The insecticide resistance status of the German cockroach, Blattella germanica (L.), against permethrin was evaluated with three different bioassay methods. The LT50 and KT50 in adults were measured by glass jar test, the LT50 and KT50 in nymphs were assessed by glass petri dish test, and the LD50 in adults and nymphs was measured by topical application. The results indicate that in all three bioassays, cockroaches showed different degrees of resistance to permethrin. Resistance ratios of 6.7-, 12.8-, and 7.5-fold for KT50, LD50, and LT50, respectively, were obtained for adult cockroaches compared with those from a susceptible strain. Similarly, resistance ratio values of 17-fold for KT50, 8-fold for LD50, and 6.4-fold for LT50 were obtained for nymphs compared with those from a susceptible strain. Although both adults and nymphs exhibited a similar level of susceptibility to permethrin, adults showed a higher degree of susceptibility to topical application than to the other exposure method. The order of sensitivity (based on resistance ratio values) was topical application (LD50) > LT50 > KT50 in adults. For nymphs, the resistance ratio in the knockdown test was higher than in other tests (resistance ratio = 17-fold). Therefore, the order of test sensitivity based on comparisons of resistance ratio values was KT50 > topical application (LD50) > LT50 in nymphs. Topical application exhibited a higher sensitivity than the LT and KT methods in adults. Thus, the results suggest that topical application and knockdown testing methods are the most sensitive assays for measuring resistance of adult and nymphal German cockroaches, respectively, to permethrin.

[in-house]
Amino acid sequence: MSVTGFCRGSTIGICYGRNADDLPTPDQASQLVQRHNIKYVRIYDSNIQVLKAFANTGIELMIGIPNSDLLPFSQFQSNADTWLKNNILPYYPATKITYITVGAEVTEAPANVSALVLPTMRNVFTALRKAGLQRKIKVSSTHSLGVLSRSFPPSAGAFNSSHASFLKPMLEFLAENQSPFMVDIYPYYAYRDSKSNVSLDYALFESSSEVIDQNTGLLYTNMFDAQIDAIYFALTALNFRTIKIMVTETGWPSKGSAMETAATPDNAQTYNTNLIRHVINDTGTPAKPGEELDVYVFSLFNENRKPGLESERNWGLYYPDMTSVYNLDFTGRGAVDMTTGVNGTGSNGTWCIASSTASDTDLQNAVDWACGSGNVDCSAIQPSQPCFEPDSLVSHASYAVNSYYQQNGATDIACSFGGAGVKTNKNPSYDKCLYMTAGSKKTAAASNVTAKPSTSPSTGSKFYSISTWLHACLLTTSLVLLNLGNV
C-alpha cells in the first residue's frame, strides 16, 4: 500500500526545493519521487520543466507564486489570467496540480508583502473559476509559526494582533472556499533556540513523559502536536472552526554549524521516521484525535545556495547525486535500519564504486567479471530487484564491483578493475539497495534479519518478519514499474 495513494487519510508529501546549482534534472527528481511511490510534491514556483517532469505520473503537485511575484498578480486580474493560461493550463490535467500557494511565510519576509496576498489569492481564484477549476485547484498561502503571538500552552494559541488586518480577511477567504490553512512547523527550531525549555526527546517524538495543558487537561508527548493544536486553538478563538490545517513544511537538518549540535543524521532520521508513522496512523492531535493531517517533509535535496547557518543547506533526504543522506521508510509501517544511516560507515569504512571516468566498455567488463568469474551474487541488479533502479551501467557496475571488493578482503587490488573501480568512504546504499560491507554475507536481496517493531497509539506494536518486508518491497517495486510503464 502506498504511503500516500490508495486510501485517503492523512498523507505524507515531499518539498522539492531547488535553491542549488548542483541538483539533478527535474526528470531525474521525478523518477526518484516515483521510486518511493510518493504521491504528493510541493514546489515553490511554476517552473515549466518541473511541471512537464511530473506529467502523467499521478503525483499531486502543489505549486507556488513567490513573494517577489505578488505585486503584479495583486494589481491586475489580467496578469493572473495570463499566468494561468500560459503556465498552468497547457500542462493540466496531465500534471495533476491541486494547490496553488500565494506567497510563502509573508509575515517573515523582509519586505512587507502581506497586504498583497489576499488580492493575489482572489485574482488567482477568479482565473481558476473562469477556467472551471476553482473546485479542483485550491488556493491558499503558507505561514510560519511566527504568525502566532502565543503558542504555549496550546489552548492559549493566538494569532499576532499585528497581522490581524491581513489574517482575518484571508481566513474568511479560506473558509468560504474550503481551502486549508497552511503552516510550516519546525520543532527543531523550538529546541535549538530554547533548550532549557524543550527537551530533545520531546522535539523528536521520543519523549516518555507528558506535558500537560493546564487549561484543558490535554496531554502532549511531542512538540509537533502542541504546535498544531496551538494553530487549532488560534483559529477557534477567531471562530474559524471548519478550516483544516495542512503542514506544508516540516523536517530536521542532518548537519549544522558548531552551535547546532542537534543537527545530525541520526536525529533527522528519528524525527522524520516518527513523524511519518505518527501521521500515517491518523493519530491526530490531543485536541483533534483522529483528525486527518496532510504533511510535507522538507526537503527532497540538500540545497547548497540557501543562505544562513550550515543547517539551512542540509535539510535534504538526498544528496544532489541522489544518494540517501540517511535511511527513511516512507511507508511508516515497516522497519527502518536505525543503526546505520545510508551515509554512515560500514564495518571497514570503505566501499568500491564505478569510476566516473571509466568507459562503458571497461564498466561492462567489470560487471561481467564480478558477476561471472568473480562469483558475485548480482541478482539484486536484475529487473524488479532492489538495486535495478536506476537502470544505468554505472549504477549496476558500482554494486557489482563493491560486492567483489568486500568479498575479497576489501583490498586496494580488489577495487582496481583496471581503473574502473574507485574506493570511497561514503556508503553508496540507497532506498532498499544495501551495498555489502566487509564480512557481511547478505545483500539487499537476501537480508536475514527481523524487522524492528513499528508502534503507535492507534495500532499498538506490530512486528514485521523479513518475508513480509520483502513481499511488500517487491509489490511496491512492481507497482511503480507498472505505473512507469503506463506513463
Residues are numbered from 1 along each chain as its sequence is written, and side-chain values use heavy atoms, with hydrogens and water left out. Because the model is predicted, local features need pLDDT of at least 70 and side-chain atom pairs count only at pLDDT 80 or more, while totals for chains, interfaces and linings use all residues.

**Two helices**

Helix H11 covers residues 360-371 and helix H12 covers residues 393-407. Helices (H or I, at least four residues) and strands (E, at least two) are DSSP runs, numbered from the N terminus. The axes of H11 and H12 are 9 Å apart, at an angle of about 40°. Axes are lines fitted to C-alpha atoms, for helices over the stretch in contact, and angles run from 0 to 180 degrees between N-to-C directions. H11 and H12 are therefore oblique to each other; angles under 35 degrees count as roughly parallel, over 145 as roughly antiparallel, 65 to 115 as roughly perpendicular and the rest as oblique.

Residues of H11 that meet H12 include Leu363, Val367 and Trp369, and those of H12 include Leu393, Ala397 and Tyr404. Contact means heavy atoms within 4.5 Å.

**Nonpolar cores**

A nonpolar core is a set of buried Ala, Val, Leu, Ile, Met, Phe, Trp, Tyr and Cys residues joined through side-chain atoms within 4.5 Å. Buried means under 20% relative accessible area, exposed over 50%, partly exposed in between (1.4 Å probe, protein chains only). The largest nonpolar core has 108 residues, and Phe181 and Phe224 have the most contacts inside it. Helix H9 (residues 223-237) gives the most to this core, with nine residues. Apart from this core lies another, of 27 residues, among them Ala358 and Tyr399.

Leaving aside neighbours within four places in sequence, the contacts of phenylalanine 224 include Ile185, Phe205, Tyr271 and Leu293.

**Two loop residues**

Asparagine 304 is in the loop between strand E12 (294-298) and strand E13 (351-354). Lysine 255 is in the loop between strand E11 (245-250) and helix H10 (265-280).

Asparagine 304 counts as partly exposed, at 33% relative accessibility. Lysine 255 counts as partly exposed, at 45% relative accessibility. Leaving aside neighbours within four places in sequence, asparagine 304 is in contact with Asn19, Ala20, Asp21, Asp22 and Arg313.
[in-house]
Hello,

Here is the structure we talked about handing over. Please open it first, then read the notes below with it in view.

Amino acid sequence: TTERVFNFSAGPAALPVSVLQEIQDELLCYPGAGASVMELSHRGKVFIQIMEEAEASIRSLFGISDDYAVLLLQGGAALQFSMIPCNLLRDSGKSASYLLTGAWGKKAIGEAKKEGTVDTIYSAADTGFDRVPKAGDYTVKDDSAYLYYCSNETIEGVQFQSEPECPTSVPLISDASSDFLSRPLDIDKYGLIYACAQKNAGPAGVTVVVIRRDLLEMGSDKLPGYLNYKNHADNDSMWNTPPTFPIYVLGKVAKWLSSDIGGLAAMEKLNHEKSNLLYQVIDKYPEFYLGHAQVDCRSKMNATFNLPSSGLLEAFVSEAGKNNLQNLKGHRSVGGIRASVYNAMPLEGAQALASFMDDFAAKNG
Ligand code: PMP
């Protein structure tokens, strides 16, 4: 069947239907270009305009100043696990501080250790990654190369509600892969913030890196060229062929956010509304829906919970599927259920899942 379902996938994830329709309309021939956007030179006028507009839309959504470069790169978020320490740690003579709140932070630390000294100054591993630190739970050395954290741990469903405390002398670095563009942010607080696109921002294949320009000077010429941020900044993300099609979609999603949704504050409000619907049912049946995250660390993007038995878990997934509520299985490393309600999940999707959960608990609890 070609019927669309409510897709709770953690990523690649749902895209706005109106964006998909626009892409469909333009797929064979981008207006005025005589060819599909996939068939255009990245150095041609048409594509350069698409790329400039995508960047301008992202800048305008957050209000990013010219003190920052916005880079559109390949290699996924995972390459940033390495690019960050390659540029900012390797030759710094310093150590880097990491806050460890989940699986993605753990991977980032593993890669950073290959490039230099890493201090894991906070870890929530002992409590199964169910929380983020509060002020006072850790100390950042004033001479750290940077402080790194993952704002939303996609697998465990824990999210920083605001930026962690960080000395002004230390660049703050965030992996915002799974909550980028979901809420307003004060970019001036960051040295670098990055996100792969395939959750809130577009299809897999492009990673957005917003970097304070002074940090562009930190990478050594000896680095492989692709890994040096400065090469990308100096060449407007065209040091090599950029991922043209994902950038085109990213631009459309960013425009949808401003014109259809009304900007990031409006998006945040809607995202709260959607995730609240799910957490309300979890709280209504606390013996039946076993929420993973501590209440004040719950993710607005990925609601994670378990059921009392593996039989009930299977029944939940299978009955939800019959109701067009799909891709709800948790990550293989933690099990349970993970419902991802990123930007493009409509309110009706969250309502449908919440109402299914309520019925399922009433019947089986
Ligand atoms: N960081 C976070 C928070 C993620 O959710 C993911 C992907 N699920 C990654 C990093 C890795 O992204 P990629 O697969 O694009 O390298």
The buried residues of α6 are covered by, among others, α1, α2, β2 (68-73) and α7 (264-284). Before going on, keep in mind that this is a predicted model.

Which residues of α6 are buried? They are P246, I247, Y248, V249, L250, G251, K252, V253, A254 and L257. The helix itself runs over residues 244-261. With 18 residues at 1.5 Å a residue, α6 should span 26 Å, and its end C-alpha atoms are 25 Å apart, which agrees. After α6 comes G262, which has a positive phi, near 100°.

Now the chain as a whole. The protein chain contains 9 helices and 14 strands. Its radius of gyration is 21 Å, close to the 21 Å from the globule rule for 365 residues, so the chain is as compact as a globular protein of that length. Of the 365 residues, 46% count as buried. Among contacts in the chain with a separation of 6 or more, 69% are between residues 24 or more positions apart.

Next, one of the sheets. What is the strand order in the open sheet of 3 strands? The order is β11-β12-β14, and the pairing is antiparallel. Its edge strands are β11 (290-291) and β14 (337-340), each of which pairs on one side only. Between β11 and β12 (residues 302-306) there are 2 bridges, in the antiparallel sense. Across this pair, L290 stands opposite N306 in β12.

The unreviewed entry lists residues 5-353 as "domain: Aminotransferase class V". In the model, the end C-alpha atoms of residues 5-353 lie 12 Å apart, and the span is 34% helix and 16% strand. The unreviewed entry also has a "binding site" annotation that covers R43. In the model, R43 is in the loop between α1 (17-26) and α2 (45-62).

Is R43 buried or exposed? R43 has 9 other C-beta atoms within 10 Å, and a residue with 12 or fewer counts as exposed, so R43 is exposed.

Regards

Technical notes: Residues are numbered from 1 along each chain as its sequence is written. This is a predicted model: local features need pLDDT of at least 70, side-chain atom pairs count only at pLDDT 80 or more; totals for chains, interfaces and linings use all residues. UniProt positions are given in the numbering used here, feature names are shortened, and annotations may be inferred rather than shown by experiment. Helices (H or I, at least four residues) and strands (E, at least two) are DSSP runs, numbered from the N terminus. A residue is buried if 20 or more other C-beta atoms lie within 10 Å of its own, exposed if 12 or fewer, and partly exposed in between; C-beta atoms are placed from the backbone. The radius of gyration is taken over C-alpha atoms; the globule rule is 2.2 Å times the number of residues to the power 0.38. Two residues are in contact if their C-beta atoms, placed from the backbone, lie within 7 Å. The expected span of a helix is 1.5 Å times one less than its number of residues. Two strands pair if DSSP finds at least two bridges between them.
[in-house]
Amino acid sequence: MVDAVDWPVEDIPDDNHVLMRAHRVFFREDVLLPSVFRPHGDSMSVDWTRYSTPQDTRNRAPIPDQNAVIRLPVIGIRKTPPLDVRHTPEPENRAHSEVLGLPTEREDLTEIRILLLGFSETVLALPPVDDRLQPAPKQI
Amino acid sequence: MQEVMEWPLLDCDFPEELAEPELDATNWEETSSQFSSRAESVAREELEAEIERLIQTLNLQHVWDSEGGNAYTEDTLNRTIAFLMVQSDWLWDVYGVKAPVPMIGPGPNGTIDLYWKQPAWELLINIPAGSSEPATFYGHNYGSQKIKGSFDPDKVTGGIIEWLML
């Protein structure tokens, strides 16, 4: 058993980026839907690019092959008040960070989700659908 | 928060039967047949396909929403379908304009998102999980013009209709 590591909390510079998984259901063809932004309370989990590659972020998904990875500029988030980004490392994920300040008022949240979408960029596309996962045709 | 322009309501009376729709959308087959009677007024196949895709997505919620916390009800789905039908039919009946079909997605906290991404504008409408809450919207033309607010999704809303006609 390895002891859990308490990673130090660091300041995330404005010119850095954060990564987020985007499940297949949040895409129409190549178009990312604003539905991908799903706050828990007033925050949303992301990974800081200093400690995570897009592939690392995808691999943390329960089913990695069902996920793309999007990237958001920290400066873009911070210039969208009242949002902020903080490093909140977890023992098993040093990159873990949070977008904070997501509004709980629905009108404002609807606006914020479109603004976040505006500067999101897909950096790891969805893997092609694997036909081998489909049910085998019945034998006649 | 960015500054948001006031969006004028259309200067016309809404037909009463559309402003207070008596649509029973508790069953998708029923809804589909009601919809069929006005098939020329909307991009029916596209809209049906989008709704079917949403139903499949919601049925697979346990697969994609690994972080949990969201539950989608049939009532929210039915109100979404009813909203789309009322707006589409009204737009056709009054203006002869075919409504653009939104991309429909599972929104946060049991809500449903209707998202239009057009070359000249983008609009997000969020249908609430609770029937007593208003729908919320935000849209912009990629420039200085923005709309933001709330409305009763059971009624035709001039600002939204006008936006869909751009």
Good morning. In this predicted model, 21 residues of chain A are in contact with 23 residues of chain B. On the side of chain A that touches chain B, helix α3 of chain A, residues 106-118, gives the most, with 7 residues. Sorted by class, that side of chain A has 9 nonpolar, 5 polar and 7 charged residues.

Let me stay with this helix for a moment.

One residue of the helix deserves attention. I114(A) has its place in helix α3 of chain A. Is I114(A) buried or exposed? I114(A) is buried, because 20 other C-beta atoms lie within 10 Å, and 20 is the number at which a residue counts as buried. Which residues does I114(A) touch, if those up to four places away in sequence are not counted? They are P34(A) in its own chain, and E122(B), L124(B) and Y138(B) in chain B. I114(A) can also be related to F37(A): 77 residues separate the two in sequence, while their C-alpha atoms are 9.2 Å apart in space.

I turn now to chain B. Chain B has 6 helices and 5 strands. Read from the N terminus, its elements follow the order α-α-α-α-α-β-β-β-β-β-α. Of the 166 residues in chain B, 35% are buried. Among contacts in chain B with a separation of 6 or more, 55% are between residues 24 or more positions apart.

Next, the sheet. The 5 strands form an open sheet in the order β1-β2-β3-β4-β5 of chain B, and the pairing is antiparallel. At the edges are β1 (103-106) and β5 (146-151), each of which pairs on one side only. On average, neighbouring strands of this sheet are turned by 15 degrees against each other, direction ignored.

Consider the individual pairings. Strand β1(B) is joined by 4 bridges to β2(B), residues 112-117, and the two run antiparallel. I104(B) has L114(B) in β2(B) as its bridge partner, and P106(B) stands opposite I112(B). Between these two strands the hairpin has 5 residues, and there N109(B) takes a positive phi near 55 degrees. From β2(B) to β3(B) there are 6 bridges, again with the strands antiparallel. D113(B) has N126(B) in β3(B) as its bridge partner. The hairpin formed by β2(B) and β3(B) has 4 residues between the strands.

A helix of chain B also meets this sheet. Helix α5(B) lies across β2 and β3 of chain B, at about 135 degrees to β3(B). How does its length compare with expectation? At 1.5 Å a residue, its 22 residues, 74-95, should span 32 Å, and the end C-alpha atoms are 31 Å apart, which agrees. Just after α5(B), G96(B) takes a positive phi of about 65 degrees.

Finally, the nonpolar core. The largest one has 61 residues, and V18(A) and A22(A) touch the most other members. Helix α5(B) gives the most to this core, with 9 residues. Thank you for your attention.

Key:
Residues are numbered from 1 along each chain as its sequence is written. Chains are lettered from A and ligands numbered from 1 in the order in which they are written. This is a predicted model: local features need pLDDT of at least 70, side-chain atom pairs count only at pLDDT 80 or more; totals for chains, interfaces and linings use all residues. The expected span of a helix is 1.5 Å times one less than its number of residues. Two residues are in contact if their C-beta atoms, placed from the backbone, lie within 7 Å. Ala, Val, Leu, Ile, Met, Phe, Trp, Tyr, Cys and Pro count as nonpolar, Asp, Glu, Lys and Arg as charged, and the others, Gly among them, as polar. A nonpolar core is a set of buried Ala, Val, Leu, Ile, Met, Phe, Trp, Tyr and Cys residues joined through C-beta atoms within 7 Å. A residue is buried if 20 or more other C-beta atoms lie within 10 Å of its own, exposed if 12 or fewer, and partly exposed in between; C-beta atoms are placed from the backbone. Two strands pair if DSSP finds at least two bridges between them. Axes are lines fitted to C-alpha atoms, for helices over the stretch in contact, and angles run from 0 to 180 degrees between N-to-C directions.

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Vol. 94 • No. 3